Subdued Tone at German History's Gate

By Richard A. Nenneman. Richard A. Nenneman is the Monitor's editor-in-chief. | The Christian Science Monitor, October 11, 1990 | Go to article overview

Subdued Tone at German History's Gate


Richard A. Nenneman. Richard A. Nenneman is the Monitor's editor-in-chief., The Christian Science Monitor


BERLIN - It is 10:30 p.m. With German friends, we've parked as close to the Reichstag as we can. We walk the rest of the way through the cool autumn night.

Earlier in the evening, my wife and I had been their guests at the Cecilienhof in Potsdam, eating in the same room where Truman, Churchill, and Stalin had dined during the Potsdam Conference in July 1945. Potsdam lies only ten minutes away from some of Berlin's poshest areas, but it has also been East Germany territory. Until Nov. 9 last year, it was not a visit a West Berliner could spontaneously make. As we got into the car after dinner, an almost full moon had risen in a clear sky, and the dew was already heavy on the car.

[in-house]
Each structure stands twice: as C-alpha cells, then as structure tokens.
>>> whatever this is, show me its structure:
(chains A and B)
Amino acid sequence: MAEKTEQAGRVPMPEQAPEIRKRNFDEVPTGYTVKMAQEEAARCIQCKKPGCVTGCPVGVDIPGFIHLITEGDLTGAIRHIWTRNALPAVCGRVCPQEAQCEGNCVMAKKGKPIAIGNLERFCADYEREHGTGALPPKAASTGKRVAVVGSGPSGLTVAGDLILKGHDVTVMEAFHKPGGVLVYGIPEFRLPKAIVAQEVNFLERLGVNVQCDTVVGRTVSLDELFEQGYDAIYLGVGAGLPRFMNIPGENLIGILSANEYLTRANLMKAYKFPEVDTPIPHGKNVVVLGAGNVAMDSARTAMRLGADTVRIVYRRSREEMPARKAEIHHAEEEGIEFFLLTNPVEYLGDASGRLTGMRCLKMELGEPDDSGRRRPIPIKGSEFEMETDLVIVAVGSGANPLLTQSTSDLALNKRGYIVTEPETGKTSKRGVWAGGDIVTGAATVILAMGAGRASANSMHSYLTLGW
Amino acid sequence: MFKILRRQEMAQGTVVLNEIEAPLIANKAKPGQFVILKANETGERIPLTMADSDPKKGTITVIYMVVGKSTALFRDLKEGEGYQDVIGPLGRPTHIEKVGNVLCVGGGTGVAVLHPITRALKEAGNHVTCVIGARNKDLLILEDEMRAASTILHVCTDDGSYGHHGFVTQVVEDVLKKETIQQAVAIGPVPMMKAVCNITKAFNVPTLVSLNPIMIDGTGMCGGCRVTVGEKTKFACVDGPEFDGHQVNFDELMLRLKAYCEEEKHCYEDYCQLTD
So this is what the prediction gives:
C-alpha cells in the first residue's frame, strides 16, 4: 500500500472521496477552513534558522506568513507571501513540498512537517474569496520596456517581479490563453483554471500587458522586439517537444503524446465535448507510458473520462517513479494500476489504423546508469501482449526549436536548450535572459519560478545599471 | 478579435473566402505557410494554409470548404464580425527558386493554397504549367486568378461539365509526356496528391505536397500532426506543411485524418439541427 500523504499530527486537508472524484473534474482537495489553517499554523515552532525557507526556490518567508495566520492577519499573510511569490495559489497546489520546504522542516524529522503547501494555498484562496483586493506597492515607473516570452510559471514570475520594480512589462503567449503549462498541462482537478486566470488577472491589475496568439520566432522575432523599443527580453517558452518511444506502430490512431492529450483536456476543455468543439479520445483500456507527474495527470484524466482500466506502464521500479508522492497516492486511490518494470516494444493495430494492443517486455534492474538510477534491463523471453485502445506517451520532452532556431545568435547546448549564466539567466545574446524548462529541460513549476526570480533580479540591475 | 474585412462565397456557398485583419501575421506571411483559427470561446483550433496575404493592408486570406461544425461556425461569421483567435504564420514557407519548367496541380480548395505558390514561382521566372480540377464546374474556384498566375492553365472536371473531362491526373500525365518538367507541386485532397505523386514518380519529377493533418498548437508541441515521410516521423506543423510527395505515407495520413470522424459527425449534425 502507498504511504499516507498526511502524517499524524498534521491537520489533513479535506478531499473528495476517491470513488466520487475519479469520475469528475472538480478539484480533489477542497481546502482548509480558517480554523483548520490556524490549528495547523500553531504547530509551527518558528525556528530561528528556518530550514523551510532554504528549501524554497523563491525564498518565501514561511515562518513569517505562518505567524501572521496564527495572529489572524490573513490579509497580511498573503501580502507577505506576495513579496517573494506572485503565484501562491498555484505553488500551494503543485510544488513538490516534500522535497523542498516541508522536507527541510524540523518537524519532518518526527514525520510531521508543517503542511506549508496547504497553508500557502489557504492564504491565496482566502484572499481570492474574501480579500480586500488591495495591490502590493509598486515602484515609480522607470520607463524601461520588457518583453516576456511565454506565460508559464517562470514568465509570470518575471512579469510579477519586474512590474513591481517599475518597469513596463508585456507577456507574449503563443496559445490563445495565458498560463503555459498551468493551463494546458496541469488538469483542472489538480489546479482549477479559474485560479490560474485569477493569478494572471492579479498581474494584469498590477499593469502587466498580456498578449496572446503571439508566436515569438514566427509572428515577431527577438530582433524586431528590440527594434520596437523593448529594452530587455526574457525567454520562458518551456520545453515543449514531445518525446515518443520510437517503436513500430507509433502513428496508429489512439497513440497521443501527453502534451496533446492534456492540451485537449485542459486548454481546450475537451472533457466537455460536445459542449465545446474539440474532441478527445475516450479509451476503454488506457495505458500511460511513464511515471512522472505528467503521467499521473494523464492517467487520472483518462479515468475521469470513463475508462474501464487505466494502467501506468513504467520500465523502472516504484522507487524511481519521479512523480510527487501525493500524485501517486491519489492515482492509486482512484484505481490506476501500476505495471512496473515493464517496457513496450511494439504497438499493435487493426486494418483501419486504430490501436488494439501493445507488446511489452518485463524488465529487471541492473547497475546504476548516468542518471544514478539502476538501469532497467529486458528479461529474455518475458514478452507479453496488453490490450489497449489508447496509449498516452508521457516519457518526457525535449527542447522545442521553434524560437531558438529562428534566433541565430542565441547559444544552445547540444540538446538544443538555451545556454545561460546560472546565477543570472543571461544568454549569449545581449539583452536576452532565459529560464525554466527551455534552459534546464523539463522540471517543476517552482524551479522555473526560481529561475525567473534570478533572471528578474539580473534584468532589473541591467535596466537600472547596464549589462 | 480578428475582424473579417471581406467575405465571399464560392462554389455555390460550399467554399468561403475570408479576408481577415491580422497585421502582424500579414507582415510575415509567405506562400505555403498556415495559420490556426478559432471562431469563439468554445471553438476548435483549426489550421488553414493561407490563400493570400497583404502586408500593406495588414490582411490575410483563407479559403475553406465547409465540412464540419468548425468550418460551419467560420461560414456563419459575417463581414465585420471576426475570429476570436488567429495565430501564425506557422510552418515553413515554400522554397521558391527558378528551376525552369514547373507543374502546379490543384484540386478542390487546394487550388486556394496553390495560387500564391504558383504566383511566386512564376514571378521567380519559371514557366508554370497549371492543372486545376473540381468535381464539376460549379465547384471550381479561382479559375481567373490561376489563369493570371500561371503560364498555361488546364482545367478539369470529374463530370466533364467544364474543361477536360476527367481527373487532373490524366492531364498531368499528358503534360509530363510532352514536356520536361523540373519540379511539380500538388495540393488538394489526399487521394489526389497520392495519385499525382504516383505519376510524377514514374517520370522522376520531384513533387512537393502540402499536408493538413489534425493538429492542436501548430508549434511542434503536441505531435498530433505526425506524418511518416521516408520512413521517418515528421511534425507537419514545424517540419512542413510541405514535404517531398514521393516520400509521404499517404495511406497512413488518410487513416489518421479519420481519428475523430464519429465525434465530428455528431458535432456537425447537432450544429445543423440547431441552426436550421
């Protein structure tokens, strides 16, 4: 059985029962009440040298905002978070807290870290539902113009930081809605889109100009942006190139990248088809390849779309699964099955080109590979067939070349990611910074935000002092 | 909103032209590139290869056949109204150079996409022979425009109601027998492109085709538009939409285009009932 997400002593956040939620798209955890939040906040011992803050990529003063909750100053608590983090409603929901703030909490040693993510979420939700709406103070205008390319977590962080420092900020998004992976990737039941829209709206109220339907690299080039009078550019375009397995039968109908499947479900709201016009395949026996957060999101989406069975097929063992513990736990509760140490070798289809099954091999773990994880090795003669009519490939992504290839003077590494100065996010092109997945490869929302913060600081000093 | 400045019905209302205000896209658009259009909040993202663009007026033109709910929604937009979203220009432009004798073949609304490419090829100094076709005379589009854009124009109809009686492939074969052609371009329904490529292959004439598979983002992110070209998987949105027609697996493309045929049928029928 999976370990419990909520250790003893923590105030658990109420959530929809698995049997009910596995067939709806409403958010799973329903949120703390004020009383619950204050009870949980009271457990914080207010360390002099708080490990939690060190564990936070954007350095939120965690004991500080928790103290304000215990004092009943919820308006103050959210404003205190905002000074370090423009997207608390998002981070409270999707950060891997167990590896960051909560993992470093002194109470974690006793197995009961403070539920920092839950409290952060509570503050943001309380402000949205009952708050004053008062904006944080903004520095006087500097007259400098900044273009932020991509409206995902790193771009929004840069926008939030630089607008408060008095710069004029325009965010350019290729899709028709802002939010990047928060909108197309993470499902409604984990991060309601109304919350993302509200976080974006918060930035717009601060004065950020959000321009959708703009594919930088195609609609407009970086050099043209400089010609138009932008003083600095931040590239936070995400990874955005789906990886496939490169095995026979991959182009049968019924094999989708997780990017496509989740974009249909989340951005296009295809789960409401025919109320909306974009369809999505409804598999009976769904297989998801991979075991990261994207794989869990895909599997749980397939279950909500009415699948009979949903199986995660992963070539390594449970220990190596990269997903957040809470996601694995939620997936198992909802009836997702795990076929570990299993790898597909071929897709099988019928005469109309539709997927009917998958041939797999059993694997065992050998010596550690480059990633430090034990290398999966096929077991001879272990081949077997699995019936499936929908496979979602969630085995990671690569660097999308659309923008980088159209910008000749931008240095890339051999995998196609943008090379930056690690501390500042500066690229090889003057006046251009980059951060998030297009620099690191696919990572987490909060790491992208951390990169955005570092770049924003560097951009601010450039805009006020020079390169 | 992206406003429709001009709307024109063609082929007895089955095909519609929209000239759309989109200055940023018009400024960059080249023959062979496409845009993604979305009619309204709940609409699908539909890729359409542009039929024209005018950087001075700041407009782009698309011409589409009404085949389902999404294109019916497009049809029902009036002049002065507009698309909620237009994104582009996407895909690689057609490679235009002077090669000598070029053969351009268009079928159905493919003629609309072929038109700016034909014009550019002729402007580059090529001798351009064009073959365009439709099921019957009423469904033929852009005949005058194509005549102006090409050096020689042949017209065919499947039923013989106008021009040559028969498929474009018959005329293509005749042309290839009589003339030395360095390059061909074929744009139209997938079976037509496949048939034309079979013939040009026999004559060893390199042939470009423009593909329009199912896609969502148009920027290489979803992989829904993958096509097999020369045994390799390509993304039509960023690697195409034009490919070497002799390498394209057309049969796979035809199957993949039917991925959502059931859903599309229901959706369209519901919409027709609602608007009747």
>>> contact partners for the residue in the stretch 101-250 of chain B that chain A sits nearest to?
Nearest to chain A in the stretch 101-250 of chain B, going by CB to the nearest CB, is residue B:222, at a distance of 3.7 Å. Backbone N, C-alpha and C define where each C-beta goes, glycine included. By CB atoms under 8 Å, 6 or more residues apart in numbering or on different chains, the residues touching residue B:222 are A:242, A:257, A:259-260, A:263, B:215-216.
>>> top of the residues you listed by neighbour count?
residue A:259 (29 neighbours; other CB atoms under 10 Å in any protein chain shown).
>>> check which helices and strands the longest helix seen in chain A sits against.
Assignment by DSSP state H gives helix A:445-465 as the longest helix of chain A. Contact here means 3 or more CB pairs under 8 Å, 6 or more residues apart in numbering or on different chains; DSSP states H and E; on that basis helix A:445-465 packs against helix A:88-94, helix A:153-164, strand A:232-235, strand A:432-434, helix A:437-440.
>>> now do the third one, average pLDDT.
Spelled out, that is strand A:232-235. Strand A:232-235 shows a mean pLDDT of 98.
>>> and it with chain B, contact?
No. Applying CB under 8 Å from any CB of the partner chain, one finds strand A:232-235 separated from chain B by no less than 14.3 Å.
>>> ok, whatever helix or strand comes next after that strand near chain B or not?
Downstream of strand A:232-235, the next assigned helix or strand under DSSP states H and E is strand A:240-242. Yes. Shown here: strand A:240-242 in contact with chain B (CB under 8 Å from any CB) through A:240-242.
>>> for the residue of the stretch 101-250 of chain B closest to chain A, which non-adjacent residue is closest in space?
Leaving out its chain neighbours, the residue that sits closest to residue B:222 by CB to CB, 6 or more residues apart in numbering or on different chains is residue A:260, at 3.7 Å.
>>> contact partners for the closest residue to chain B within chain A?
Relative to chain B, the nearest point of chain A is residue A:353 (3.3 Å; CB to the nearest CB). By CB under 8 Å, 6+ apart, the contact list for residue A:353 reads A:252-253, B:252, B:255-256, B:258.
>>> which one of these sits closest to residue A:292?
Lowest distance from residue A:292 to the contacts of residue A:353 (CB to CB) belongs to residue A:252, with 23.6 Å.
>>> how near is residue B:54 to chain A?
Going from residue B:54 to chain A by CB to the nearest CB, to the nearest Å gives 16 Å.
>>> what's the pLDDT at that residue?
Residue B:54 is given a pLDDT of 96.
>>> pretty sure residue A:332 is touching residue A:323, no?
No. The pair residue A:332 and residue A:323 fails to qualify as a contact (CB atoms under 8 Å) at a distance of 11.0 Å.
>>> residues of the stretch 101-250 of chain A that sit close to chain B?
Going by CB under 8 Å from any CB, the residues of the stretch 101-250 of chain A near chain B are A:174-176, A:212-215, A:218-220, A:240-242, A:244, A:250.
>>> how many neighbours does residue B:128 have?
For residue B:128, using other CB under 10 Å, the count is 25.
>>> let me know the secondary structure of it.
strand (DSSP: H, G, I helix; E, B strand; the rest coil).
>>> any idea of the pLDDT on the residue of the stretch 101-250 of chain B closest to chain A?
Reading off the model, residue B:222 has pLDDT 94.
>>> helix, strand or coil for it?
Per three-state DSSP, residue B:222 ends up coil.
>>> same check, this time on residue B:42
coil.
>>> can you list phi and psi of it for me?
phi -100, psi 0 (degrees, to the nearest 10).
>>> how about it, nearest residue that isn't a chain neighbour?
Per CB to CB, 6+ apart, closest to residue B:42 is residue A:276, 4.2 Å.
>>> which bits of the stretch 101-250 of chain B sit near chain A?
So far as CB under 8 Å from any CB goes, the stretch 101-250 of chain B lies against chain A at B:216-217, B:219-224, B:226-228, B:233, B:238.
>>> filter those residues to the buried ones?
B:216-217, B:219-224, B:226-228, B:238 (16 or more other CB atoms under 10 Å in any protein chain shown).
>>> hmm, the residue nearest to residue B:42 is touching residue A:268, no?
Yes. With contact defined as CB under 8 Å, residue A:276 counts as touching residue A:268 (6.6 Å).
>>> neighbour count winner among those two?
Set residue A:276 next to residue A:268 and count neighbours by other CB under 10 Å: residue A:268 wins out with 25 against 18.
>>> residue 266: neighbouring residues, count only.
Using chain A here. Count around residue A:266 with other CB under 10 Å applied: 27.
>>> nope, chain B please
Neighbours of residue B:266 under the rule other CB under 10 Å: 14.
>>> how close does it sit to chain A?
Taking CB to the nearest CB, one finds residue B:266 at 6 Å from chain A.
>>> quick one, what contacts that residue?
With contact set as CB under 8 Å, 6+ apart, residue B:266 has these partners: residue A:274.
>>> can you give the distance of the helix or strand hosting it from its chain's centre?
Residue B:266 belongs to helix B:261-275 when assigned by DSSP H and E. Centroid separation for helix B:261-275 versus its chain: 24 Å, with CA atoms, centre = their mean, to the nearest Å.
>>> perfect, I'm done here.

Now, as we join thousands of others trudging through this chill autumn night, I remind myself why I wanted to be here. Still a teenager when World War II ended, my adult life has been lived within a world view fixed by that war and its successor, the cold war.

No human epoch lasts forever. But until 1989 no one imagined how fast change would come. The reunification of Germany is the occasion for this walk tonight, but it's the passing of an era I need to celebrate with these friends.

Meanwhile, history speaks wherever one looks. We pass the Victory Monument - a heavy golden angel erected at the center of the Tiergarten to commemorate the German victory over France in 1870. We now move in what seems like an army of people up the Avenue of June 17, named for the failed East German uprising in 1953. That brings to mind the inherent love of freedom that lies in us all. But the immense Central Park scale of the Tiergarten, with this very avenue leading up to Unter den Linden on the other side of the Brandenburg Gate, also recalls the parades of Hitler's troops during Germany's darkest period. No nation can remake its history; it can only learn from it.

Ahead of us, lit by powerful lights, lie the six columns of the Brandenburg Gate - a symbol of the German nation, the best known border of East and West Berlin.

We turn and walk as far as we can go to the stand before the restored Reichstag, whose burning in 1933 symbolized the consolidation of Hitler's grip on Germany. It is now 11:15; we wait. Here and there people wave the black, red, and gold German flag. …

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